Date Approved

5-6-2002

Embargo Period

5-16-2016

Document Type

Thesis

Degree Name

M.A. in Applied Psychology

Department

Psychology

College

College of Science & Mathematics

First Advisor

Kerwin, MaryLouise E.

Subject(s)

Medical appointments and schedules; Substance abuse--Treatment

Disciplines

Psychology

Abstract

The investigator attempted to determine if individuals who make in-person (walk-in) referrals would be more likely to keep their initial appointment with a substance abuse counselor at an outpatient mental health clinic than will individuals who refer themselves over the telephone. Participants were 40 adults who had been ordered to undergo a substance abuse evaluation by the legal system between July and December 2001. The walk-in group consisted of 18 males and 2 females (mean age 34.04). The telephone-in group consisted of 18 males and 2 females (mean age 35.67). The investigator saw all participants for the initial appointment. The list of walk-in referrals' attendance was compared to records of attendance for phone-in referrals during the same time period. Chi-square analysis revealed that participants in the walk-in group were not more likely to show up for the initial appointment than participants in the telephone-in group (χ2 = .476, p = .490). The results indicate that meeting with the counselor prior to the initial appointment does not decrease no-show rates.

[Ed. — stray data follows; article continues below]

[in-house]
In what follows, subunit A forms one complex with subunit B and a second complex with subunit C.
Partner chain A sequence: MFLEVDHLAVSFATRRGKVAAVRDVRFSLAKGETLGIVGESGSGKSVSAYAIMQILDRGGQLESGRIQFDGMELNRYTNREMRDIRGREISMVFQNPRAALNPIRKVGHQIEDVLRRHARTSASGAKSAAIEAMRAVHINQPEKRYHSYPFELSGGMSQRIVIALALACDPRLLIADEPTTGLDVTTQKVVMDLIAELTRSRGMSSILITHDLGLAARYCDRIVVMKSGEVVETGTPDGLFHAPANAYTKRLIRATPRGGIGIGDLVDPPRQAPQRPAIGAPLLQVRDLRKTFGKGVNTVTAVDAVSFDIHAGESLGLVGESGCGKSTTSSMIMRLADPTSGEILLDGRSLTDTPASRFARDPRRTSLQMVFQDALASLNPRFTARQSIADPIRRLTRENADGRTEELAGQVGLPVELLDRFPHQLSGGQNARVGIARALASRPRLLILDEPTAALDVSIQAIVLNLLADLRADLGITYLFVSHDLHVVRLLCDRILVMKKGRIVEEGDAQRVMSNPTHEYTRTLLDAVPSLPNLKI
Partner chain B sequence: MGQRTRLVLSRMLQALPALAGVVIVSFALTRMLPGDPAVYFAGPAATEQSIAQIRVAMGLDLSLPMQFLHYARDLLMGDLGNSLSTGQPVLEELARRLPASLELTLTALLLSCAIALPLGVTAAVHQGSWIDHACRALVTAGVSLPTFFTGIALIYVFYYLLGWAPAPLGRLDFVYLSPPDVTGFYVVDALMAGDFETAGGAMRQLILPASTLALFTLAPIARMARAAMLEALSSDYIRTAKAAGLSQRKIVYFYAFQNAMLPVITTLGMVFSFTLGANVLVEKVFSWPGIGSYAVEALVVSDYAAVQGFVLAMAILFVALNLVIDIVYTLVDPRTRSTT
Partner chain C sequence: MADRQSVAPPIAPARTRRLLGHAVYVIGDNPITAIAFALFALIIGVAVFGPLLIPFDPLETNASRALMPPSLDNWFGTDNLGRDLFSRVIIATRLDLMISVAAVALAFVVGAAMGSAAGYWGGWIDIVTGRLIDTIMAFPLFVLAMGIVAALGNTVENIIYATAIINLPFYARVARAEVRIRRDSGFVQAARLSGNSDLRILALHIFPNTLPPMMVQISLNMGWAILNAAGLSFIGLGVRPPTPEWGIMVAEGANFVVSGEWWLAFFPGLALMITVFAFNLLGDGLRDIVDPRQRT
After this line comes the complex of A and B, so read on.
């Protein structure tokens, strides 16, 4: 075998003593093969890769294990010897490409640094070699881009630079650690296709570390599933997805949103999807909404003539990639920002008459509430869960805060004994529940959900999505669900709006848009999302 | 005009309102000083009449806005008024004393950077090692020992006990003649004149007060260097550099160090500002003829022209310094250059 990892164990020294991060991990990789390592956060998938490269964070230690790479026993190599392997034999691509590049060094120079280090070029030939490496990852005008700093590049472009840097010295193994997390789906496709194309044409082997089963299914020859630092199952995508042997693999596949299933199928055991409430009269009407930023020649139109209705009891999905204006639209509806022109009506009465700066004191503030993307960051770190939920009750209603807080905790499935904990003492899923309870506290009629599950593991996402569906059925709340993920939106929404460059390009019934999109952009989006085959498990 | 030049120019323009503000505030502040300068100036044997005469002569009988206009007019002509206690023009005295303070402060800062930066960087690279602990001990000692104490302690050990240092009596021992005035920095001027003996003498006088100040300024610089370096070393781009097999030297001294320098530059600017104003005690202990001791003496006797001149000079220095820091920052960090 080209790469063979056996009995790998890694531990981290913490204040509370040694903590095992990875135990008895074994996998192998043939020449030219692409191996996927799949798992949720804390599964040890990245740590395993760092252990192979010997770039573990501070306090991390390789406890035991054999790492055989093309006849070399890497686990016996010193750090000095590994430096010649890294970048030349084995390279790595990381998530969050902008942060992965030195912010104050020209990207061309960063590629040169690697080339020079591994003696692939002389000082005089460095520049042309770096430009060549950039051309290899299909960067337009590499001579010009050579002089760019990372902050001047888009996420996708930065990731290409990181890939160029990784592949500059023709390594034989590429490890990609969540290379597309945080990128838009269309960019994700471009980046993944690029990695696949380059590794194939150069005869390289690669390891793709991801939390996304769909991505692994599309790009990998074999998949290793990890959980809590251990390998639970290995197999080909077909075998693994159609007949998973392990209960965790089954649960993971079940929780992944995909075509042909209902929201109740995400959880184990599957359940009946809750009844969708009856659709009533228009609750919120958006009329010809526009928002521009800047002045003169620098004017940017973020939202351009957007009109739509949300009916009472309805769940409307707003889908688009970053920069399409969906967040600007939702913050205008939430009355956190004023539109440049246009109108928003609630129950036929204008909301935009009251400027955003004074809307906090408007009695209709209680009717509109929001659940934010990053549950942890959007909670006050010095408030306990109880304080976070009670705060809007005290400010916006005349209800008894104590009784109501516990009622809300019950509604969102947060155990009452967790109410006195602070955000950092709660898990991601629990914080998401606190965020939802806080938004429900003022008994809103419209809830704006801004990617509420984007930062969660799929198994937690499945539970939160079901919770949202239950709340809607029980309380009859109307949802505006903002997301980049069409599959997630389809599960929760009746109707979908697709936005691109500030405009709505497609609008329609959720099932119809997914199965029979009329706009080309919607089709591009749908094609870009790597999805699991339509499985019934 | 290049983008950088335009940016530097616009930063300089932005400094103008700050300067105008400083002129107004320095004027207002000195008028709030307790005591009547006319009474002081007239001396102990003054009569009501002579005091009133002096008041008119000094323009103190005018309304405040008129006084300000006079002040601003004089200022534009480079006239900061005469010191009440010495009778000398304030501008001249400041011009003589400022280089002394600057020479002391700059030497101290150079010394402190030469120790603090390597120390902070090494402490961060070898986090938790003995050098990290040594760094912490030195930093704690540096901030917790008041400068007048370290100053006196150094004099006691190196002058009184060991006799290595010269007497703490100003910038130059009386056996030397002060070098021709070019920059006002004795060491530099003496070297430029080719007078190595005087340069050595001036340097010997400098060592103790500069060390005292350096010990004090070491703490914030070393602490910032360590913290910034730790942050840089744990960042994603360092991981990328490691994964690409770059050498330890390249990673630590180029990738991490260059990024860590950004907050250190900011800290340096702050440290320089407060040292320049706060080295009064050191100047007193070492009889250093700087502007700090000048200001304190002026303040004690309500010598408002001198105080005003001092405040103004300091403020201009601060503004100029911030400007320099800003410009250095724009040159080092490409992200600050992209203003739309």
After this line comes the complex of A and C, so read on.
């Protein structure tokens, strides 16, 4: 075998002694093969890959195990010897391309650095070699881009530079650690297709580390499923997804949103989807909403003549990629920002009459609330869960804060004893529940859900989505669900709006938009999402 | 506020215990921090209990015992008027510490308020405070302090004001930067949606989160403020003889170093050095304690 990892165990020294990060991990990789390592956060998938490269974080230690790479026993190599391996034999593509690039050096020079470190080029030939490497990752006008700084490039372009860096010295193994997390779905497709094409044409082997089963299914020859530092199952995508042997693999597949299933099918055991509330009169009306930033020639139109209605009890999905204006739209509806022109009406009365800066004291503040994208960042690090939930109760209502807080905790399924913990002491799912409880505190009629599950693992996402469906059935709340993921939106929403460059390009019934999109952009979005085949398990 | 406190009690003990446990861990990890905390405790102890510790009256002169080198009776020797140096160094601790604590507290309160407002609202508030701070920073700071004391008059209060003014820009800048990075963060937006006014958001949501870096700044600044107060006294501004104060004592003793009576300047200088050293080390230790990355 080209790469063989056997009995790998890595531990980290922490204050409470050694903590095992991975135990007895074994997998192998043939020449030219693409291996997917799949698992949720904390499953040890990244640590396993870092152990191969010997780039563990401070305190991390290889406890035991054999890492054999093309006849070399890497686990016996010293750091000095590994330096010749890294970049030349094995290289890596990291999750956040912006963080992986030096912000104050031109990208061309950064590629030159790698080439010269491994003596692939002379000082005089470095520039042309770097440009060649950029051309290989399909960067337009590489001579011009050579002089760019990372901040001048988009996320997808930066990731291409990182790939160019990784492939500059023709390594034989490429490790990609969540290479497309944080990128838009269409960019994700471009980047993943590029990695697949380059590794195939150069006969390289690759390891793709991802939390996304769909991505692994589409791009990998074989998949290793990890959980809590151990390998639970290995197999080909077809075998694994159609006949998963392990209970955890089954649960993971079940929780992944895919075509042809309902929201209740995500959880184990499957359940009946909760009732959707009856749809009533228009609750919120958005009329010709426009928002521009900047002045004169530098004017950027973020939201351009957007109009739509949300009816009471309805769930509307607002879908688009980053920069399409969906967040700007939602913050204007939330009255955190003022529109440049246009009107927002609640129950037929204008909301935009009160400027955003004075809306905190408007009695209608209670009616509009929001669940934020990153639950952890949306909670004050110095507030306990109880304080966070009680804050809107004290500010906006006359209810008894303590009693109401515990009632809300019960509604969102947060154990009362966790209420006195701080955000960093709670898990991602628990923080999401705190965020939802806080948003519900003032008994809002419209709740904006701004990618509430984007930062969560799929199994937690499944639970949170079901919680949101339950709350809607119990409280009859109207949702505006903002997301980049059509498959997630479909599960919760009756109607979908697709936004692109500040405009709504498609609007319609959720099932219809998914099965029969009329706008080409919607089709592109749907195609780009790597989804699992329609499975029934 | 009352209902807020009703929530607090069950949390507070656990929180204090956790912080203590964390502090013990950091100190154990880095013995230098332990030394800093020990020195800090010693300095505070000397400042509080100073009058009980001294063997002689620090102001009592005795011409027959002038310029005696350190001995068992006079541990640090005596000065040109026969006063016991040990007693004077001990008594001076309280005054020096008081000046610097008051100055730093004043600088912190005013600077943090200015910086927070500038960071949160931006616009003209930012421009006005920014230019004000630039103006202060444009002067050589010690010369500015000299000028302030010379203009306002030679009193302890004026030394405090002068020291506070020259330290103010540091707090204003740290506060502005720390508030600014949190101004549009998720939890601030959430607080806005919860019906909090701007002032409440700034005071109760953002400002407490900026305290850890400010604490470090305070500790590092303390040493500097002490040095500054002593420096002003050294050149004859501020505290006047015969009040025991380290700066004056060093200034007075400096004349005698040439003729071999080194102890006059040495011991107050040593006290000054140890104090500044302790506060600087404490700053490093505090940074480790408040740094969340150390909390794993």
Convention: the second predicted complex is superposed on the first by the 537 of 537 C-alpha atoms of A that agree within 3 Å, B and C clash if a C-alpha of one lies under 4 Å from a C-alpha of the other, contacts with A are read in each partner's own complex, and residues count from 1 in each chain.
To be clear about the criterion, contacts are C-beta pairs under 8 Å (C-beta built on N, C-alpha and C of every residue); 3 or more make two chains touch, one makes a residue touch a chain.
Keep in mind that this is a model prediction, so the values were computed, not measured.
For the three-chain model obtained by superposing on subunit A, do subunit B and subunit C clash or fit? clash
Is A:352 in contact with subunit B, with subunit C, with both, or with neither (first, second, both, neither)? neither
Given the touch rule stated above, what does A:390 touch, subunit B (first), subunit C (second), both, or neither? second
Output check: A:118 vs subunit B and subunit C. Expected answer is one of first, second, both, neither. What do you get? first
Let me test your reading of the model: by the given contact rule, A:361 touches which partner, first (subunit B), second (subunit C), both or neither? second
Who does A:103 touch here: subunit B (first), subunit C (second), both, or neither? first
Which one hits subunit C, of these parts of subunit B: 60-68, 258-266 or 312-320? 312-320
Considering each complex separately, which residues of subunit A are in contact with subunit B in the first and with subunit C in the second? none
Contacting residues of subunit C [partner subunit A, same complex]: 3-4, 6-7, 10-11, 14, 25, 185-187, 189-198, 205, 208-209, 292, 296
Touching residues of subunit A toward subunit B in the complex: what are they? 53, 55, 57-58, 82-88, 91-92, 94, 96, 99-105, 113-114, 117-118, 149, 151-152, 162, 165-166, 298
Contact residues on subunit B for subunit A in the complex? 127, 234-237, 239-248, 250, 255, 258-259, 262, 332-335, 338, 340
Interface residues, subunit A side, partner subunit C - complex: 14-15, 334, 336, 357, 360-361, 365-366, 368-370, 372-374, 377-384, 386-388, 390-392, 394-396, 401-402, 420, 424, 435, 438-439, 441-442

Included in

Psychology Commons

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